Travels In Alaska By John Muir













































































































































 - Travels in Alaska

by John Muir


Contents

        Preface

             Part I. The Trip of 1879

     I. Puget Sound and British Columbia - Page 1
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Travels In Alaska

By John Muir

Contents

Preface

Part I. The Trip of 1879

I. Puget Sound and British Columbia II. Alexander Archipelago and the Home I found in Alaska III. Wrangell Island and Alaska Summers IV. The Stickeen River V. A Cruise in the Cassiar VI. The Cassiar Trail VII. Glenora Peak VIII. Exploration of the Stickeen Glaciers IX. A Canoe Voyage to Northward X. The Discovery of Glacier Bay XI. The Country of the Chilcats XII. The Return to Fort Wrangell XIII. Alaska Indians

Part II. The Trip of 1880

XIV. Sum Dum Bay XV. From Taku River to Taylor Bay XVI. Glacier Bay Part III. The Trip of 1890

XVII. In Camp at Glacier Bay XVIII. My Sled-Trip on the Muir Glacier XIX. Auroras

Glossary of Words in the Chinook Jargon

Preface

Forty years ago John Muir wrote to a friend; "I am hopelessly and forever a mountaineer. . . . Civilization and fever, and all the morbidness that has been hooted at me, have not dimmed my glacial eyes, and I care to live only to entice people to look at Nature's loveliness." How gloriously he fulfilled the promise of his early manhood! Fame, all unbidden, wore a path to his door, but he always remained a modest, unspoiled mountaineer. Kindred spirits, the greatest of his time, sought him out, even in his mountain cabin, and felt honored by his friendship. Ralph Waldo Emerson urged him to visit Concord and rest awhile from the strain of his solitary studies in the Sierra Nevada. But nothing could dislodge him from the glacial problems of the high Sierra; with passionate interest he kept at his task. "The grandeur of these forces and their glorious results," he once wrote, "overpower me and inhabit my whole being. Waking or sleeping, I have no rest. In dreams I read blurred sheets of glacial writing, or follow lines of cleavage, or struggle with the difficulties of some extraordinary rock-form."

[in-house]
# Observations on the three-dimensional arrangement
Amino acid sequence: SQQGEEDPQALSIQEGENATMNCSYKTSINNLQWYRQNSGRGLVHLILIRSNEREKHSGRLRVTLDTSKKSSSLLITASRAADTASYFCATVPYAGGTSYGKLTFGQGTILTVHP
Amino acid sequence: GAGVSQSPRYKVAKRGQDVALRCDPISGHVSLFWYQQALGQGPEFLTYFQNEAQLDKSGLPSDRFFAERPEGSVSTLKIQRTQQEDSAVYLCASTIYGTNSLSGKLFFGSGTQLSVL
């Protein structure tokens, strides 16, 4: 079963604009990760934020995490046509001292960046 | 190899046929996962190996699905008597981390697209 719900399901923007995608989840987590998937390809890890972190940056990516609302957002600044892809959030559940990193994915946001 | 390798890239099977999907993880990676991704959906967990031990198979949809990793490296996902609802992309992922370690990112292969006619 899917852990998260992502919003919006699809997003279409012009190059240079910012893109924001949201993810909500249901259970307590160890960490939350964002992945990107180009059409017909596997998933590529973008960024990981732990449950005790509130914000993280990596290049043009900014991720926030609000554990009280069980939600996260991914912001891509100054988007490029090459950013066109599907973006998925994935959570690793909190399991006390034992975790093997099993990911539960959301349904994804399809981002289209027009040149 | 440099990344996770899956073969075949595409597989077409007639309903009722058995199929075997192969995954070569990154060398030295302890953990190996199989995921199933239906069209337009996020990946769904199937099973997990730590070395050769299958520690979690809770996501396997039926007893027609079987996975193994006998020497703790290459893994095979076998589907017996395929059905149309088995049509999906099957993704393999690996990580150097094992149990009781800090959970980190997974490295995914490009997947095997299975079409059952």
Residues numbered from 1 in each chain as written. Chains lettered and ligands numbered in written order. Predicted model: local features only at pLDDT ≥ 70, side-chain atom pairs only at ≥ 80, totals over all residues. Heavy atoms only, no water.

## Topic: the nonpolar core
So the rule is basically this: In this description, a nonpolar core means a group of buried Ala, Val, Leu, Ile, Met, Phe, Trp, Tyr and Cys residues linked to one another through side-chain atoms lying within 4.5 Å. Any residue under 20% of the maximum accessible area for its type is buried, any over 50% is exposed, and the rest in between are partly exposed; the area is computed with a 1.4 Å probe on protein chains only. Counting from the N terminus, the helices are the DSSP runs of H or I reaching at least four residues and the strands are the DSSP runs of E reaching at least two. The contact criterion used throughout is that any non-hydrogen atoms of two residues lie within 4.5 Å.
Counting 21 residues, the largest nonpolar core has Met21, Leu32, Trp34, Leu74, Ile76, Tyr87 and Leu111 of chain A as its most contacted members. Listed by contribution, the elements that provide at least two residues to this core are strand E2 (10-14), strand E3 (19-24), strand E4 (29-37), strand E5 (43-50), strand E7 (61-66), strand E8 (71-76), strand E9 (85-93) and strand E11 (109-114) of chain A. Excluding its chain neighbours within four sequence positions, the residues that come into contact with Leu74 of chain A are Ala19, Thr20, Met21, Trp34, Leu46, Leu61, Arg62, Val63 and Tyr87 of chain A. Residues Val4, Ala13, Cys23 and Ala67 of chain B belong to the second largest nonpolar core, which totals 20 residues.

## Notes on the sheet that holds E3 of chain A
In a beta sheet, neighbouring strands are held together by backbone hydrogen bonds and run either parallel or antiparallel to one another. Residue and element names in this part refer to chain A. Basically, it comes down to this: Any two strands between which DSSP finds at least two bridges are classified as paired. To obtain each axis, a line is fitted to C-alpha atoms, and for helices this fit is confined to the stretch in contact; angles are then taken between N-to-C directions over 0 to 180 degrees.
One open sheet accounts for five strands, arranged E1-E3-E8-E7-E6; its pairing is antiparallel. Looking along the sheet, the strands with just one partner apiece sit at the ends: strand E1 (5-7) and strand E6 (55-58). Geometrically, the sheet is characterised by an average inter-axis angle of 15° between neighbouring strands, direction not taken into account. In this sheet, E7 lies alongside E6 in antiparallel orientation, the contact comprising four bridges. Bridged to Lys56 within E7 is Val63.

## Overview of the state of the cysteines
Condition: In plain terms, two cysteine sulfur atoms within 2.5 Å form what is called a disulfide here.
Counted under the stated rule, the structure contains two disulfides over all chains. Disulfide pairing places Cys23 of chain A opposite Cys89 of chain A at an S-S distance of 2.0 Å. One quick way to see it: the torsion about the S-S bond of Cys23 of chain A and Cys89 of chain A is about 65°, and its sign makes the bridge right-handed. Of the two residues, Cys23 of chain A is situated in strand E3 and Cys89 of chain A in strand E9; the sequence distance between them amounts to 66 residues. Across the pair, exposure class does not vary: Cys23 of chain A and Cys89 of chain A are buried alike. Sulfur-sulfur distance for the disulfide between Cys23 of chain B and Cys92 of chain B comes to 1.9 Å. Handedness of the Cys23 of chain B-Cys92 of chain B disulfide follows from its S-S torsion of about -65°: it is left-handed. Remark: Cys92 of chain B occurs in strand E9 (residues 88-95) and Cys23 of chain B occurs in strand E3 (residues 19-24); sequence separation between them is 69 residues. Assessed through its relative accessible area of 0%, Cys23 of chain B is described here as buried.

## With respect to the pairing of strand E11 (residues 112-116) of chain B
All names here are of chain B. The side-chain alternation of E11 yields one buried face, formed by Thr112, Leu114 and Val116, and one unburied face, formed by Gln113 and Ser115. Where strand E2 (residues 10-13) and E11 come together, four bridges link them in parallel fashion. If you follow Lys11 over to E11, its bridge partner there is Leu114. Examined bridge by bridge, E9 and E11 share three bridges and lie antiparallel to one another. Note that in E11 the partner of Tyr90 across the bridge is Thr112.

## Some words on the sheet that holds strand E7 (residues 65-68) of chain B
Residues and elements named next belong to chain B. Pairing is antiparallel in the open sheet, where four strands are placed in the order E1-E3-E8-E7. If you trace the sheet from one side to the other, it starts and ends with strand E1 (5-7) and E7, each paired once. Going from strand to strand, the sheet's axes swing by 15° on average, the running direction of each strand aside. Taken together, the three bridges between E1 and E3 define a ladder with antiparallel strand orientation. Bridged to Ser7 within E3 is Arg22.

There is a note of pathos, the echo of an unfulfilled hope, in the record of his later visit to Concord. "It was seventeen years after our parting on Wawona ridge that I stood beside his [Emerson's] grave under a pine tree on the hill above Sleepy Hollow. He had gone to higher Sierras, and, as I fancied, was again waving his hand in friendly recognition." And now John Muir has followed his friend of other days to the "higher Sierras." His earthly remains lie among trees planted by his own hand. To the pine tree of Sleepy Hollow answers a guardian sequoia in the sunny Alhambra Valley.

In 1879 John Muir went to Alaska for the first time. Its stupendous living glaciers aroused his unbounded interest, for they enabled him to verify his theories of glacial action. Again and again he returned to this continental laboratory of landscapes. The greatest of the tide-water glaciers appropriately commemorates his name. Upon this book of Alaska travels, all but finished before his unforeseen departure, John Muir expended the last months of his life.

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